Covered Bridges

Map of the covered bridges http://www.coveredbridgemap.com/nh/
  • Cilleyville / Bog Bridge, Andover, NH, Location: At the junction of N.H. Route 11 and N.H. Route 4A, Built in 1887, this bridge spans Pleasant Brook. It was bypassed in 1959 and restricted to foot traffic. The bridge was the model for murals of typical New Hampshire scenes which were once located in the State House in Concord. Town lattice truss; 53 feet long.
  • Bement Bridge, Bradford Center Road, Bradford, NH, Location: One quarter mile north of the intersection of N.H. Routes 103 and 114,Built in 1854, this bridge carries Bradford Center Road across the west branch of the Warner River. Tradition has it that Colonel Stephen H. Long, a Hopkinton native and a member of the U.S. Army Topographical Engineers, built the bridge. While working for the Baltimore and Ohio Railroad, Long developed a plan for a new covered bridge truss that became nationally known as the Long truss. Long patented his design in 1830. Long truss; 60 feet long.
  • Dalton / Joppa Road Bridge, Joppa Rd.,Warner, NH, Location: South of N.H. Route 103 on Joppa Road, Built in 1853, this bridge carries Joppa Road across the Warner River. This is one of the oldest standing covered bridges in use today. It is also known as the Joppa Road Bridge. The bridge was rebuilt in 1963-1964. Long truss with an auxiliary Queenpost system; 76 feet long
  • Keniston Bridge, Lorden Road, Andover, NH, Location: South of U.S. Route 4, one mile west of Andover Village, Built in 1882, this bridge carries Lorden Road over the Blackwater River. The bridge’s name came from a prominent family that lived for many years in one of the old homesteads in town. The bridge has been damaged only once, in 1972, when ice tore off several planks. The bridge was rehabilitated by the town in 1981. Town lattice truss; 64 feet long.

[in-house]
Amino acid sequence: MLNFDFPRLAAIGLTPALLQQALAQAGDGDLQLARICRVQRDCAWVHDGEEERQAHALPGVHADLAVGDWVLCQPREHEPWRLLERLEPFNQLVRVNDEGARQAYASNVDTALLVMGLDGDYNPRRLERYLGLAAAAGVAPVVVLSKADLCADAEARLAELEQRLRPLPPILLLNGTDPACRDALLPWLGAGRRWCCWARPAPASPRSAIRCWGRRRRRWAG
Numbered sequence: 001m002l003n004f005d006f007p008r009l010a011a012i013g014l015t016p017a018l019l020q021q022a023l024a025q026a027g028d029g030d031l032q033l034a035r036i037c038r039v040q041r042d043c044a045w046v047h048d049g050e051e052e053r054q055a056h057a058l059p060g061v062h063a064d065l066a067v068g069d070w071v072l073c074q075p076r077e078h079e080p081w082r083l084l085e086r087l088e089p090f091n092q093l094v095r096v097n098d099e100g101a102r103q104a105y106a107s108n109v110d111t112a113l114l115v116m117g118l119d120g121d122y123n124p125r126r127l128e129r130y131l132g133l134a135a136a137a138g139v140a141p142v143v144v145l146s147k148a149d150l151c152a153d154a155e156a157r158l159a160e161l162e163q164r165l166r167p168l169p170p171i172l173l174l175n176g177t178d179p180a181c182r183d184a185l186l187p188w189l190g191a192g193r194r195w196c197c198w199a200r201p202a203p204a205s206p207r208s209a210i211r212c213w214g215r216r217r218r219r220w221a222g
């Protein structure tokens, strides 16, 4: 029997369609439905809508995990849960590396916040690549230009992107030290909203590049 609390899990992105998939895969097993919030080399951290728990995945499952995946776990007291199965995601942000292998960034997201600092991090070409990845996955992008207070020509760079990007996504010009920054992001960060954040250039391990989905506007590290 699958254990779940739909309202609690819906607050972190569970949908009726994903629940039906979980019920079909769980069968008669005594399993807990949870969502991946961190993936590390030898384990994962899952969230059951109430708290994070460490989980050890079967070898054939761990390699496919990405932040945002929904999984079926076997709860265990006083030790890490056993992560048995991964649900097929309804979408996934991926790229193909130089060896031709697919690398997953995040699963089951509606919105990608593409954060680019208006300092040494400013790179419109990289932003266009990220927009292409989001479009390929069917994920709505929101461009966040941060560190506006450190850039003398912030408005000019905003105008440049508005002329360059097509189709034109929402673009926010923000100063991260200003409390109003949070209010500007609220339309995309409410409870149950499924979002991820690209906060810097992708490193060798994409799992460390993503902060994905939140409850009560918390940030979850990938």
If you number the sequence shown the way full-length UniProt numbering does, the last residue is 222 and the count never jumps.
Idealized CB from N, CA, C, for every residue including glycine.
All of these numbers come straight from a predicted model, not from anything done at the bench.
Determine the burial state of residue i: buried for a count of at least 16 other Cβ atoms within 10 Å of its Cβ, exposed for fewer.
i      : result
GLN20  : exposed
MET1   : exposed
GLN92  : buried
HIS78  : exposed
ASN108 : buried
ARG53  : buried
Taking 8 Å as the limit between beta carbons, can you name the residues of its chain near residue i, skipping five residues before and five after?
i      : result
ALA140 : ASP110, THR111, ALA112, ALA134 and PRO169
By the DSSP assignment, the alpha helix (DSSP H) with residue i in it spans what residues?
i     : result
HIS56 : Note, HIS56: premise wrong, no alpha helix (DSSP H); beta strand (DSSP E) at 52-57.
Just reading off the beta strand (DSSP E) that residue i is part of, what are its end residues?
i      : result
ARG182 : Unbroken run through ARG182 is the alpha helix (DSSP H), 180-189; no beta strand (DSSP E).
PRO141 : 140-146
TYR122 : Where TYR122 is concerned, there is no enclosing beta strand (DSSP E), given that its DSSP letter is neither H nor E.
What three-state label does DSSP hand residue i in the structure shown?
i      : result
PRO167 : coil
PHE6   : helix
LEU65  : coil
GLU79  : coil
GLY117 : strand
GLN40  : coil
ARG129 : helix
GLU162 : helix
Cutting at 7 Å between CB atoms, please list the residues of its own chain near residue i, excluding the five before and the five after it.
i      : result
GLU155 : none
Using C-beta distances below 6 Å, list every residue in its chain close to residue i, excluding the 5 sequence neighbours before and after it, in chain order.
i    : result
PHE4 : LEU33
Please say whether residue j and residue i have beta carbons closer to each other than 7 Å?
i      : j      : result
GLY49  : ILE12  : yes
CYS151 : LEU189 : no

• Pier Bridge, Newport, NH  03773, Location: East of Chandler Station and west of N.H. Route 103 on the Concord and Claremont Railroad line spanning the Sugar River., The current bridge was built in 1907 by the Boston and Maine Railroad to replace a wood lattice bridge constructed in 1871-1872 by the Sugar River Railroad. The double Town/Pratt lattice trusses with laminated arches were long favored on the branch lines of the Boston & Maine Railroad. In 1900 at least 100 of this type of truss were in use on the Boston & Maine system. Double Town-Pratt lattice truss; 216 feet long.
  • Waterloo Bridge, New Market Rd., Warner, NH, Location: South of N.H. Route 103, two miles west of Warner Village, Built in 1840, this bridge carries New Market Road across the Warner River. The structure was completely rebuilt in 1857 and a second time in 1970, and it was rehabilitated in 1987 at a cost of $3,000. Town lattice truss; 76 feet long.
  • Wright’s Bridge, Newport, NH, Location: Two miles south of N.H. Route 103 and one-half mile west of Chandler Station in Newport, This bridge, on the Concord and Claremont Railroad line spanning the Sugar River, was built in 1906 by the Boston and Maine Railroad. It replaced a wooden bridge built by the Sugar River Railroad in 1871 and 1872. The Concord and Claremont Railroad was well known for its use of the double Town/Pratt lattice truss. In 1915, there were 15 such bridges on the rail line.